More from FITNESS:

From Non-Runner to Marathon Runner

You Know You’re a Runner When…

Running in the Heat Safely

Fit Blogger We Love: Live Run Love Yoga

Written on November 15, 2012 at 1:02 pm , by

Whitney always gives us the reminder to show our bodies some love.

While some of us discover our passions later in life, Whitney from Live Run Love Yoga found hers early: running and yoga. The fitness enthusiast has been active since she was a young girl and hasn’t stopped since! Now an accomplished marathoner who loves flowing through sun salutations just as much as she enjoys lacing up her sneaks, Whitney’s page is one we often turn to when in need of a good stretch (we admit, we don’t always practice as much as we should!). Keep reading to find out which races she has her eye on and what beauty product might need to make its way into your gym bag.

My favorite way to work out: I love to hit the pavement for a run and then find my way to the yoga mat to stretch out my tight muscles. Not to mention it works my abs and upper body!

On my fit life list: Complete the World Marathon Majors! I’ve run the New York City Marathon, the Boston Marathon and the Chicago Marathon. Next up, London and Berlin! I also really want to run the Nike Women’s Marathon in San Francisco!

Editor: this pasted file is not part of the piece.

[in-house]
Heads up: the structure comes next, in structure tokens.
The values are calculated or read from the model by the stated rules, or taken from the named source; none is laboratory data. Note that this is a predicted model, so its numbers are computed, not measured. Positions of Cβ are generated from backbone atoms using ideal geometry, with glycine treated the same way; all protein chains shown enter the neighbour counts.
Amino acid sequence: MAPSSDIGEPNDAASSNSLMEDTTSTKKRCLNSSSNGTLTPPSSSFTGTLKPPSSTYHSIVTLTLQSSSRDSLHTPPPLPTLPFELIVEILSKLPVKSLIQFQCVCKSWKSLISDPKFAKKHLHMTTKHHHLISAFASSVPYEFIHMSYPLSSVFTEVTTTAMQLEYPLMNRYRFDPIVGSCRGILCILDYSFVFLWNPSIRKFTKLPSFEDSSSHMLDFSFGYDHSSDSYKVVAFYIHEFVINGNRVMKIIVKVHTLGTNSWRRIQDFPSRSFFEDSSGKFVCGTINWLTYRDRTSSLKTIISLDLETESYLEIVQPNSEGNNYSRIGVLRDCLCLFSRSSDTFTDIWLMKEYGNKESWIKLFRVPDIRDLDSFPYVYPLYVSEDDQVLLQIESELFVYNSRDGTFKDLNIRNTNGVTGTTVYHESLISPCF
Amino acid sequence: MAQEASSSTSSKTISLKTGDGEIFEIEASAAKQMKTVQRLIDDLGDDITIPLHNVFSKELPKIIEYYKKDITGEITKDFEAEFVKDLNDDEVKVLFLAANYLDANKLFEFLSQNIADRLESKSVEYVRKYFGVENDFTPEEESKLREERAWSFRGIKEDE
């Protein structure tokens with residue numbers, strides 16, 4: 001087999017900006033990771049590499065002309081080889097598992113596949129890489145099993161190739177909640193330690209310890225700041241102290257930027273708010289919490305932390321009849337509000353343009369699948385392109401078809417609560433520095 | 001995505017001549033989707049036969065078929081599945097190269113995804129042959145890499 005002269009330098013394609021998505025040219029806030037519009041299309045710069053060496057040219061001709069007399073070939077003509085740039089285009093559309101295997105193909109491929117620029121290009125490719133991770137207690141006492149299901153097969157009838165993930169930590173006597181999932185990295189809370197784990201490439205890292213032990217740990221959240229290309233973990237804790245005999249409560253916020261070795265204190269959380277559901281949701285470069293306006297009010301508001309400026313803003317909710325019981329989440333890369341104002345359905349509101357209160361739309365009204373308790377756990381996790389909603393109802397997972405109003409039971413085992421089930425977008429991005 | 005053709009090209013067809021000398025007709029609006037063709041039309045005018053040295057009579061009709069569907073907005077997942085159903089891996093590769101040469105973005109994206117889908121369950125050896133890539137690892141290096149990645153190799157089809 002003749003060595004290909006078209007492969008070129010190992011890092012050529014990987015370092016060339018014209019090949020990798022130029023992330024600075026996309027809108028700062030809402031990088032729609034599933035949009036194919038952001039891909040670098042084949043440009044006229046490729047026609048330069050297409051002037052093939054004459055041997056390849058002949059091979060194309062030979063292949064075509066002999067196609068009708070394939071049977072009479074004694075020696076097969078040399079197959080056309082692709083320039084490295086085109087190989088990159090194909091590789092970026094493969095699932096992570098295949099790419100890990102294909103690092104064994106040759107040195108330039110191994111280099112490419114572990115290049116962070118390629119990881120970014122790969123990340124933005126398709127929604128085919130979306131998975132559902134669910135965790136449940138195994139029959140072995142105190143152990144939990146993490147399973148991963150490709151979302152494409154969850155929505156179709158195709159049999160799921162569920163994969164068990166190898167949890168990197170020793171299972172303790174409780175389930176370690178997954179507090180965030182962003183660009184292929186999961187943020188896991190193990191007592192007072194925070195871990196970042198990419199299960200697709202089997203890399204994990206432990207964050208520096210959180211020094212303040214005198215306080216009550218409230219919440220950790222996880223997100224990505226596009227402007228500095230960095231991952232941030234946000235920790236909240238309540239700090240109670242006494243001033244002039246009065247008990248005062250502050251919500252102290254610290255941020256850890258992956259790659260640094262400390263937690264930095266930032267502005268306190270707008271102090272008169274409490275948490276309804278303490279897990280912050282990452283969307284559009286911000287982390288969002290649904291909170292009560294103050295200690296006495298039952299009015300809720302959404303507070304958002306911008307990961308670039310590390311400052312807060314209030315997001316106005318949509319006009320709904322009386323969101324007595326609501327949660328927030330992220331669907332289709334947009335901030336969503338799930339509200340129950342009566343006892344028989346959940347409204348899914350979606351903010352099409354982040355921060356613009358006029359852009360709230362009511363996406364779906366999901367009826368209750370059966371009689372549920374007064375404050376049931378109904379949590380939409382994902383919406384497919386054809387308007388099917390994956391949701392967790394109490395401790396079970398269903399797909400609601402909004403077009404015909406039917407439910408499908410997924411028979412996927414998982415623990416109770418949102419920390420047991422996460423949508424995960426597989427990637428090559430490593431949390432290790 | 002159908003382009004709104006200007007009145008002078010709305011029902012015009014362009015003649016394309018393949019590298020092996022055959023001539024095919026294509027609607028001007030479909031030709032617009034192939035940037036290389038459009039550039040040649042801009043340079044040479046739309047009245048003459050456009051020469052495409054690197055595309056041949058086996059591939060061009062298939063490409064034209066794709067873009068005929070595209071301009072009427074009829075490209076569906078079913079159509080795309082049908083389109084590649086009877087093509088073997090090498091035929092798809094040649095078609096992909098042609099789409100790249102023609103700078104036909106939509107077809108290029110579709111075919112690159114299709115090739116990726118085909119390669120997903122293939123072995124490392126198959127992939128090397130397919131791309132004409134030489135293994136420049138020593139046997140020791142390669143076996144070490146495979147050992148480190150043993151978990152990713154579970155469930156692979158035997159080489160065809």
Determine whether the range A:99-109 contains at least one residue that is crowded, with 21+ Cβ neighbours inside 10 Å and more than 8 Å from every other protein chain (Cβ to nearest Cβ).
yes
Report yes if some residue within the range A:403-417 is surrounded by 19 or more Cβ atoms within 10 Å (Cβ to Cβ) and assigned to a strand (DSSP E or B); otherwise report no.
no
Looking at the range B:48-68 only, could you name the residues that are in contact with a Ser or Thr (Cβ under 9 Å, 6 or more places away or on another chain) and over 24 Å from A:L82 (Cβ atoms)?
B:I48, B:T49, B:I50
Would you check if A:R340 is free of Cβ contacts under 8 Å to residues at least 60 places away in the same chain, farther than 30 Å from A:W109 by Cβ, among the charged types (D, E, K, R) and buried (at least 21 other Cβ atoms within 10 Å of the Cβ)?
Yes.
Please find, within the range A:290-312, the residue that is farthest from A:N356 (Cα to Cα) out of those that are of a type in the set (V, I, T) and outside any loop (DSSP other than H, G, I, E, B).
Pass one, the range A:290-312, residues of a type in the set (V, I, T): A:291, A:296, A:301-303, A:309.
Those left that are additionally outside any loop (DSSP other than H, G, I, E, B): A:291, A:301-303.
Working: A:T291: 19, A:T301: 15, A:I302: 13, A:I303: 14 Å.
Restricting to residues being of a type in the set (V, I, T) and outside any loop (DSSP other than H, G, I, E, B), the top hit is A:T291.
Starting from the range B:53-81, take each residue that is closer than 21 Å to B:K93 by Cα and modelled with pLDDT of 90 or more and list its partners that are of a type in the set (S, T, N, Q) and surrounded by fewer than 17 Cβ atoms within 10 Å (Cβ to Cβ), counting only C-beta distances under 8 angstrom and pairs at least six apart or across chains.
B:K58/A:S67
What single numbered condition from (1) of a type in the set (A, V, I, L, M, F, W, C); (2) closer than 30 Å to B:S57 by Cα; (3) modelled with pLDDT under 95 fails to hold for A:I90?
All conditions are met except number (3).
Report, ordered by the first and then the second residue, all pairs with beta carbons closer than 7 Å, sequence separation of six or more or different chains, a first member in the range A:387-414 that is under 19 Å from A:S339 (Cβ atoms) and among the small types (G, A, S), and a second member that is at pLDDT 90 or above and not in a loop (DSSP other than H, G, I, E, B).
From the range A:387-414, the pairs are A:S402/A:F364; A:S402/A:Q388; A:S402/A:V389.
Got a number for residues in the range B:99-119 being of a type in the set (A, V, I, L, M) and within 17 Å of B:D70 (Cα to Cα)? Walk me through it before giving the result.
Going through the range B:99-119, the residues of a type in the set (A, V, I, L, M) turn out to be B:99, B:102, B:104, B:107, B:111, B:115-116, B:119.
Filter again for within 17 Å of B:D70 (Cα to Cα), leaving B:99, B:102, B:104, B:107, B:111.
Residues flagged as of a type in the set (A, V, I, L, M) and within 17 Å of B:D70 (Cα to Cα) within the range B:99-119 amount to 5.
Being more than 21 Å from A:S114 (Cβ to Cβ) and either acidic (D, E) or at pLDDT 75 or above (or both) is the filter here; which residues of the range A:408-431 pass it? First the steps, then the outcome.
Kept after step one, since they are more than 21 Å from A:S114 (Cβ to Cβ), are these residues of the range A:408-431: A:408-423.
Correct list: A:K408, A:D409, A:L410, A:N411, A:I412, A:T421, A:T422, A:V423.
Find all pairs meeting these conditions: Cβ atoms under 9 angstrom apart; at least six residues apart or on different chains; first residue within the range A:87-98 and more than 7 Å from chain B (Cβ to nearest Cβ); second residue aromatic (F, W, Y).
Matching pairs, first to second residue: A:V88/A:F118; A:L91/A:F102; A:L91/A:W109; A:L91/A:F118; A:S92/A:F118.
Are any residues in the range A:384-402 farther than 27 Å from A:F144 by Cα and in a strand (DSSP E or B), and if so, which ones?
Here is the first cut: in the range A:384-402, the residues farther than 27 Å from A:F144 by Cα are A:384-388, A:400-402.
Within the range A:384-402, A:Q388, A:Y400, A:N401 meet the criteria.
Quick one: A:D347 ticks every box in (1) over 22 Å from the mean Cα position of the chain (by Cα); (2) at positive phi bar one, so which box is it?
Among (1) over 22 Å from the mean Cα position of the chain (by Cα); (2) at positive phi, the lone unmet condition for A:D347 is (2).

I’m happiest when I’m: Doing anything that involves running or yoga! Whether it’s running or working a race, talking or blogging about those subjects, or being in the studio practicing, teaching or learning. I’m fortunate that my jobs are my passions!

My gym bag must-have: Yes To Cucumber or Yes to Blueberry Facial Towelettes. They’re so refreshing; I love them!

My motivation comes from: Myself! It’s my own love of running and yoga that gets me out of bed at 5am or through a 20-mile long run. I love the satisfaction and sense of confidence that my runs and practice provide; it’s what keeps me coming back for more each day!

Do you have a favorite fit blogger you want us to highlight? Leave a comment below or email blog@fitnessmagazine.com